Phase 1: Analysis
The first thing we need to do (especially if you are a new client) is analyze the part of your network that was breached – be it a server, router, device, or some other component of your IT infrastructure. We also need to determine how everything is connected within this environment, so that we can properly understand the extent of the threat / damage to your organization.
The analysis phase follows three basic steps:
1) Determine what was breached.
We must first find out what was breached, and determine the extent of the damage caused by the breach. For example some breaches can be highly localized e.g. a fault or misconfiguration in one server – while other types can spread throughout your entire network e.g. a virus / malware attack spread through an infected email attachment.
While your initial description of the incident is important (since this is our starting point) – we will always need to actually “dig into” your system ourselves in order to determine what has actually happened. A security professional will always be able to tell you more about any security incident.
This is similar to being a detective investigating a crime scene. We have to talk to all the witnesses, collect the evidence, and use our own insights to determine the precise nature of the crime that took place.
The “star witness” in these cases will always be the actual access point that was breached, or better yet the log files that should have recorded the events in question (this is something setup by your IT administrator). Security forensics will always be easiest if you have log files available for investigation.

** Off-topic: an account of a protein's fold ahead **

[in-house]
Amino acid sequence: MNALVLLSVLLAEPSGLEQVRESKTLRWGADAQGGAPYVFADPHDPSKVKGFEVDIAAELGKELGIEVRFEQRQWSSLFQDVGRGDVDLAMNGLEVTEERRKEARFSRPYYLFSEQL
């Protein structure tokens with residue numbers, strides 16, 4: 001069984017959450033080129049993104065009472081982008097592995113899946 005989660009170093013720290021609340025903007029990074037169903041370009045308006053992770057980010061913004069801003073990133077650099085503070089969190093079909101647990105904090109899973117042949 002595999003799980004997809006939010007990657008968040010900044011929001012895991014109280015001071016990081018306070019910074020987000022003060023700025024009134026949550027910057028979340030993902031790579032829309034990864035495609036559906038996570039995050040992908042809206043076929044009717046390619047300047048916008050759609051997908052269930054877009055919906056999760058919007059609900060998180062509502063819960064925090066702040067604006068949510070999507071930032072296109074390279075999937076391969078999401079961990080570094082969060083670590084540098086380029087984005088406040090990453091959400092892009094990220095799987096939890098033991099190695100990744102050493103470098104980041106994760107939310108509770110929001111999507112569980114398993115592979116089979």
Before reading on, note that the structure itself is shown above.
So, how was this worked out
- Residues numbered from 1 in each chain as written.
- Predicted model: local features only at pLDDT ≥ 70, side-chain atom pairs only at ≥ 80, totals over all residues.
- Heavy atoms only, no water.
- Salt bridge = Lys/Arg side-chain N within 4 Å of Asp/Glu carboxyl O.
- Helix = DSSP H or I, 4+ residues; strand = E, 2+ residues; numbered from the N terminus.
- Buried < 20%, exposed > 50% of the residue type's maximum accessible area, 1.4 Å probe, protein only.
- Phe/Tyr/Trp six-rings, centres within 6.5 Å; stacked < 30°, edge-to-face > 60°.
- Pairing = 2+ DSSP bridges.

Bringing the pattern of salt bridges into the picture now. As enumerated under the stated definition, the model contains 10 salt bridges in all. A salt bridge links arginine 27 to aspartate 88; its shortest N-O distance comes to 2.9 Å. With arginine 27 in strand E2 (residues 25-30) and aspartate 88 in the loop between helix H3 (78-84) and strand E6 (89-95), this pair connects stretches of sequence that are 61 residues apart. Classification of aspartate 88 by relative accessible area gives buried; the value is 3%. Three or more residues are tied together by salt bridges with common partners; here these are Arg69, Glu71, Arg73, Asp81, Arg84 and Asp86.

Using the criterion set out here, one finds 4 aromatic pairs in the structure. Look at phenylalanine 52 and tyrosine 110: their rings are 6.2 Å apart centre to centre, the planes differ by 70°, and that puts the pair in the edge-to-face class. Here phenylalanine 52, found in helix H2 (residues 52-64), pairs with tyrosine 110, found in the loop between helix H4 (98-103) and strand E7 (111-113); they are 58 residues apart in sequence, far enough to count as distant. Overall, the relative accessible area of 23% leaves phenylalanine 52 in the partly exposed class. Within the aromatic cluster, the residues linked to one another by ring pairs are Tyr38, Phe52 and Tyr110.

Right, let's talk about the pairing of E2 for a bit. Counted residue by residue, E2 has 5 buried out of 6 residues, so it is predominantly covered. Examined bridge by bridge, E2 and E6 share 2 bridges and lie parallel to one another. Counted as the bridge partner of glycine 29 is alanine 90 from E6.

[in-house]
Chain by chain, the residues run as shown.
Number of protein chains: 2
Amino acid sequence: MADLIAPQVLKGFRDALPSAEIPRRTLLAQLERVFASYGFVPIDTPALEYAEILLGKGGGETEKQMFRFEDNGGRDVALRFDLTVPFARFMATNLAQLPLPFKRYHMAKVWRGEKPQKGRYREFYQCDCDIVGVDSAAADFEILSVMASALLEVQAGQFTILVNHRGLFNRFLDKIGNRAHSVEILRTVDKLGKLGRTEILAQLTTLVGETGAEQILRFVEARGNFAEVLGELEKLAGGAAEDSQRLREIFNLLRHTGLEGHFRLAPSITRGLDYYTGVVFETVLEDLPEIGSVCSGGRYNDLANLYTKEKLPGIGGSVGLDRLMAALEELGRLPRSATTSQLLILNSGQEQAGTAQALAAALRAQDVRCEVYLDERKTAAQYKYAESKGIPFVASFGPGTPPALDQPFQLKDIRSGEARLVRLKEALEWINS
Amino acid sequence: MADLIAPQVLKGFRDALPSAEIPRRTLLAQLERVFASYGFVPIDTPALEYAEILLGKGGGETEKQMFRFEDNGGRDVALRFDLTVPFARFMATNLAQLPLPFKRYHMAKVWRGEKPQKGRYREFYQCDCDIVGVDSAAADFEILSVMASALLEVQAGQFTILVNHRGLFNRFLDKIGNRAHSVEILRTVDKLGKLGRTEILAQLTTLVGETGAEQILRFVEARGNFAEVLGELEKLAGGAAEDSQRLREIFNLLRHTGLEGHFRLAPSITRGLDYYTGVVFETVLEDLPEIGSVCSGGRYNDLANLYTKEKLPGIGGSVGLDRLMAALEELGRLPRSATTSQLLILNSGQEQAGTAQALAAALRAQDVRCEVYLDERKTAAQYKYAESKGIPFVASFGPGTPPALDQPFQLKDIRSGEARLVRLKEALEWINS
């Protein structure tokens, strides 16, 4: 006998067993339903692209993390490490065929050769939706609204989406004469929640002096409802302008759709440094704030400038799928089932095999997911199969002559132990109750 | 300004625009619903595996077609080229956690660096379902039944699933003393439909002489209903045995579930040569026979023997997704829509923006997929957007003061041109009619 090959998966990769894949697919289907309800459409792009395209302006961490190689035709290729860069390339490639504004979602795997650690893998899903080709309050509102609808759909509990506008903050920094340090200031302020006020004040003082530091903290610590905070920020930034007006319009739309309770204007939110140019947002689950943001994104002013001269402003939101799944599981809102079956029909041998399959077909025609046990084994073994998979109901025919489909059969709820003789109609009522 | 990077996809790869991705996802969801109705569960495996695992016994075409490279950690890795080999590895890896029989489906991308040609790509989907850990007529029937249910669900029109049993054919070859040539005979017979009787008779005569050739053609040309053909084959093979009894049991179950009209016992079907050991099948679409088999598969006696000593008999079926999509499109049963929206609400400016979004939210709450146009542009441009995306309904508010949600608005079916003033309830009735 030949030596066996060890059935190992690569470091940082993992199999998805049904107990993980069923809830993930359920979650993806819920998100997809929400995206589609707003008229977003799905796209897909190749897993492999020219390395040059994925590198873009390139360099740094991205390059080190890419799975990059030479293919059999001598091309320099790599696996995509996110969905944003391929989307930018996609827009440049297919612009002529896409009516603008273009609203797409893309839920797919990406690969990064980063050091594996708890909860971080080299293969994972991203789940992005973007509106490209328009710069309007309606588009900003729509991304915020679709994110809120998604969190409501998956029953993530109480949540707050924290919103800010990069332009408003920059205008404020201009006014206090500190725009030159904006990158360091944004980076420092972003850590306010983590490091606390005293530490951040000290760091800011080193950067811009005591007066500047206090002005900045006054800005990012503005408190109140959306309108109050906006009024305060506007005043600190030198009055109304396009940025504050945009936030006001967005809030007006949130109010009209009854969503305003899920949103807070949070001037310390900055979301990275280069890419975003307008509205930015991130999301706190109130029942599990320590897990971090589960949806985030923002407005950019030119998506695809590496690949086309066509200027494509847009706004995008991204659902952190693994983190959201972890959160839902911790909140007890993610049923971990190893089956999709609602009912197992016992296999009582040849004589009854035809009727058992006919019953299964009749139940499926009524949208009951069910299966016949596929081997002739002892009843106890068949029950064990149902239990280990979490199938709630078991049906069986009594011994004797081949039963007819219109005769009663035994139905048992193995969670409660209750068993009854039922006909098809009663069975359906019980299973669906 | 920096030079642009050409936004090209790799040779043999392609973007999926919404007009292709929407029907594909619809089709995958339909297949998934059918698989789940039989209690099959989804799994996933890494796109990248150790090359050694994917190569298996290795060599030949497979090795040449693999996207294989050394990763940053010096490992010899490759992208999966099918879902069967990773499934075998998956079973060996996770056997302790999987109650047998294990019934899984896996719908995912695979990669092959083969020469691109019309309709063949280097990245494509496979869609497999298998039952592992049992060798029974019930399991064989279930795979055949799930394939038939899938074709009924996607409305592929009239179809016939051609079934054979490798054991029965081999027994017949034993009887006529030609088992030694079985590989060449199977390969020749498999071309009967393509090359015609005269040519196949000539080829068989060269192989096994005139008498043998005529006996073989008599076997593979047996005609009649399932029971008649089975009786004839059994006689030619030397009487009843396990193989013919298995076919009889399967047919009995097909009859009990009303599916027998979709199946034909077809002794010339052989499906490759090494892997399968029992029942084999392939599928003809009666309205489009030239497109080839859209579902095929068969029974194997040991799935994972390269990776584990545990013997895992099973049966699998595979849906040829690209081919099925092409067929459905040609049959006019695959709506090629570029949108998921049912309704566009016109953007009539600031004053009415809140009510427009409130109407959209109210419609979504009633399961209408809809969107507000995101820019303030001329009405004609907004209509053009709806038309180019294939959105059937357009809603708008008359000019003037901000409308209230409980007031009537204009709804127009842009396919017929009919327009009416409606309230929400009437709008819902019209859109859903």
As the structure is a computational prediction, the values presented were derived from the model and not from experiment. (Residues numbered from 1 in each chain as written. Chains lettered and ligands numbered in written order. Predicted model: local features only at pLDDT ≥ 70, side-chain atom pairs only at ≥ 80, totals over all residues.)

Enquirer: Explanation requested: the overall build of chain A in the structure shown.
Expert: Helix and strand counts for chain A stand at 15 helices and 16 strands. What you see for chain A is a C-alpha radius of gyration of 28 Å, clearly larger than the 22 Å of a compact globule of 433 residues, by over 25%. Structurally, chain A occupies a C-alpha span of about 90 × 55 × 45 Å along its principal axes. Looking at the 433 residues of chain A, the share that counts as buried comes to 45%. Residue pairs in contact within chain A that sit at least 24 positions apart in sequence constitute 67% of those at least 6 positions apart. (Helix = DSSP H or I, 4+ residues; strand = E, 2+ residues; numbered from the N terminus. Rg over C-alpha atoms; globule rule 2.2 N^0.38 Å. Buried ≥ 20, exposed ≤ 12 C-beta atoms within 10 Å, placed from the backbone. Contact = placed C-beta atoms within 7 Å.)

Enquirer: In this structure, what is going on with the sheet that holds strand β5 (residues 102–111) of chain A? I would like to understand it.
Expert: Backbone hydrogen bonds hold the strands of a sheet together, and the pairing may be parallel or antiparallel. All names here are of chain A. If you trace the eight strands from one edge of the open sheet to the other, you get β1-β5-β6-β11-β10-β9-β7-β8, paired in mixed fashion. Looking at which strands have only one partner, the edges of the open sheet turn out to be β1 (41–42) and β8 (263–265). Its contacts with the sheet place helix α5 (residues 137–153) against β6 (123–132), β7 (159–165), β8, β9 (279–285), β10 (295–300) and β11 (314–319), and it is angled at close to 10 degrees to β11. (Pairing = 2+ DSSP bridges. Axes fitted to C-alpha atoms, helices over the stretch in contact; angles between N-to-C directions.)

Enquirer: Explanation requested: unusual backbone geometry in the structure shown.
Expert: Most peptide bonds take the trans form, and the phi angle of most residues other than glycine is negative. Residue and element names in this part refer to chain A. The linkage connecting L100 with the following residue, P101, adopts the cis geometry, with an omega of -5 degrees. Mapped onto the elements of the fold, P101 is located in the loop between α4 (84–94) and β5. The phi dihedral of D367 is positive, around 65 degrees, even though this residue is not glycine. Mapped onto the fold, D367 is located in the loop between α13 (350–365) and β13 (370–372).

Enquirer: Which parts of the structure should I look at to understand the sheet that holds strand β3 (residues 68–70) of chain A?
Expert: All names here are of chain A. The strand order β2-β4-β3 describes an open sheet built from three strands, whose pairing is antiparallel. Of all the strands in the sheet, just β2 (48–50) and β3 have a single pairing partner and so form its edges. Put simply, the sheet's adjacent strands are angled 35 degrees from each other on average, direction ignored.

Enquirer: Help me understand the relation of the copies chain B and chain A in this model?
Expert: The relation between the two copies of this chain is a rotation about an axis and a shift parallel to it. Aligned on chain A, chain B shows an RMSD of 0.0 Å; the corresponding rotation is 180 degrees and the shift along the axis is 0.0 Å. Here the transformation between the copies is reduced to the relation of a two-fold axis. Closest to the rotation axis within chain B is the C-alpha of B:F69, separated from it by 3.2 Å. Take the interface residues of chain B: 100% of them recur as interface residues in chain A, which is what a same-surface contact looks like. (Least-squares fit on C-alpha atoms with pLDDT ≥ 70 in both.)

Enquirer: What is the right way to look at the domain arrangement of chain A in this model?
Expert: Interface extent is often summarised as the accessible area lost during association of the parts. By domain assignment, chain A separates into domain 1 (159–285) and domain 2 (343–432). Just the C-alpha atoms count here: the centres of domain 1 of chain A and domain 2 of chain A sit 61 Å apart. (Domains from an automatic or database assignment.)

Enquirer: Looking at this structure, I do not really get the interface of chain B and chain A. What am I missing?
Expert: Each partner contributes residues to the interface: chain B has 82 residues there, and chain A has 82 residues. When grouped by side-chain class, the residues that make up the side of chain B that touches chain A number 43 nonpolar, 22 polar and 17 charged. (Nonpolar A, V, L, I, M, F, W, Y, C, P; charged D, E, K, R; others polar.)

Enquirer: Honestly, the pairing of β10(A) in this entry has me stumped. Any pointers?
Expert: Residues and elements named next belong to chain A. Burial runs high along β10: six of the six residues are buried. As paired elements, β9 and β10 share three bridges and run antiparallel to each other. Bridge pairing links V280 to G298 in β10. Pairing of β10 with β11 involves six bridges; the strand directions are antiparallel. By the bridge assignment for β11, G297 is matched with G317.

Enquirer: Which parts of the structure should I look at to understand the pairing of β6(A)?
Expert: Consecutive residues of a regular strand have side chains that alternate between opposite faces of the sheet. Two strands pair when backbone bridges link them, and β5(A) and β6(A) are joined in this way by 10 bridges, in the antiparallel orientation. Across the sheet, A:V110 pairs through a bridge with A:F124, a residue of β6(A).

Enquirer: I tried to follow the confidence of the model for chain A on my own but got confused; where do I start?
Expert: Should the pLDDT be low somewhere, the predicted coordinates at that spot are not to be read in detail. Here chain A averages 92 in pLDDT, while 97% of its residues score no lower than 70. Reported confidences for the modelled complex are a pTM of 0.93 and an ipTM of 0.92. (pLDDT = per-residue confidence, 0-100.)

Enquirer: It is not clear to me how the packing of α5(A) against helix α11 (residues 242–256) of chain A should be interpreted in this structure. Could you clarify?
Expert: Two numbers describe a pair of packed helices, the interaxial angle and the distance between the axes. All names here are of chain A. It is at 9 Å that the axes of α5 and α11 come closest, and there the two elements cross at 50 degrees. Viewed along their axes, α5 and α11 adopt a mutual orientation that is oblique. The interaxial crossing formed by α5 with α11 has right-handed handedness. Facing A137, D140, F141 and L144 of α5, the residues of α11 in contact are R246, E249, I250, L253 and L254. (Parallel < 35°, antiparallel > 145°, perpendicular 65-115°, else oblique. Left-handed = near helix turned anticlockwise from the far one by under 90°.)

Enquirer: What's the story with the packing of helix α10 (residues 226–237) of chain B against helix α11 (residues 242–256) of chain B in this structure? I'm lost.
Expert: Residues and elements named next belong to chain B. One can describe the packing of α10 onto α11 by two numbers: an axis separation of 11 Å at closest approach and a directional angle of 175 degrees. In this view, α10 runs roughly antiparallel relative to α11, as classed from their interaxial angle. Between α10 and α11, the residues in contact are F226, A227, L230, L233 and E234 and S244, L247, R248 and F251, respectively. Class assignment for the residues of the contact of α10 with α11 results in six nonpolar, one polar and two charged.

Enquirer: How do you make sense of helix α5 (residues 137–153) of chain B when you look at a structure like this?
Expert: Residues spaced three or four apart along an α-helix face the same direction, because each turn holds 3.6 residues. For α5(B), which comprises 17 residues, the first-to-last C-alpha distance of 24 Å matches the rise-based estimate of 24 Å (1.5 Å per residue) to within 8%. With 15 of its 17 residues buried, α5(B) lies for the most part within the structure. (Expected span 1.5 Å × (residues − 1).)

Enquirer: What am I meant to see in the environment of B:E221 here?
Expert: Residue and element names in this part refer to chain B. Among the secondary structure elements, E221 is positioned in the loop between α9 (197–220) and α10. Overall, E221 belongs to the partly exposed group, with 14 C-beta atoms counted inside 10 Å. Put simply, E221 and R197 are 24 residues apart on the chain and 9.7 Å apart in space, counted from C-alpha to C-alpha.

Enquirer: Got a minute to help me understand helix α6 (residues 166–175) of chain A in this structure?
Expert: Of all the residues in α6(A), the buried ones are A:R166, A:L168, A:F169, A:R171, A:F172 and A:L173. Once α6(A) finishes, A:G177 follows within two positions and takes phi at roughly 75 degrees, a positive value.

2) Determine how the breach occurred, and through what means.
Once we determine the precise nature of the breach, and the extent of the damage (whether potential or realized) – we must them determine out how the breach occurred (whether accidental or intentional)
Let’s say for example that someone did manage to hack into your system:
- Did they do this by cracking / stealing a password
- By exploiting some known / unknown security flaw?
- Was the breach due to someone’s negligence, through some unforeseen circumstance, an act of revenge, or was this simply a target of opportunity?
There have been cases for example where hackers will casually scan webservers en masse, and find an easy vulnerability to exploit later. In such cases the breach may not even be targeted or personal, but done simply because they could do it – and you made it too easy!
Determining exactly how someone managed to break into your system, is therefore the first step to determining how this security flaw can be fixed properly.
3) Determine what current security policies are in place, and where these security policies failed.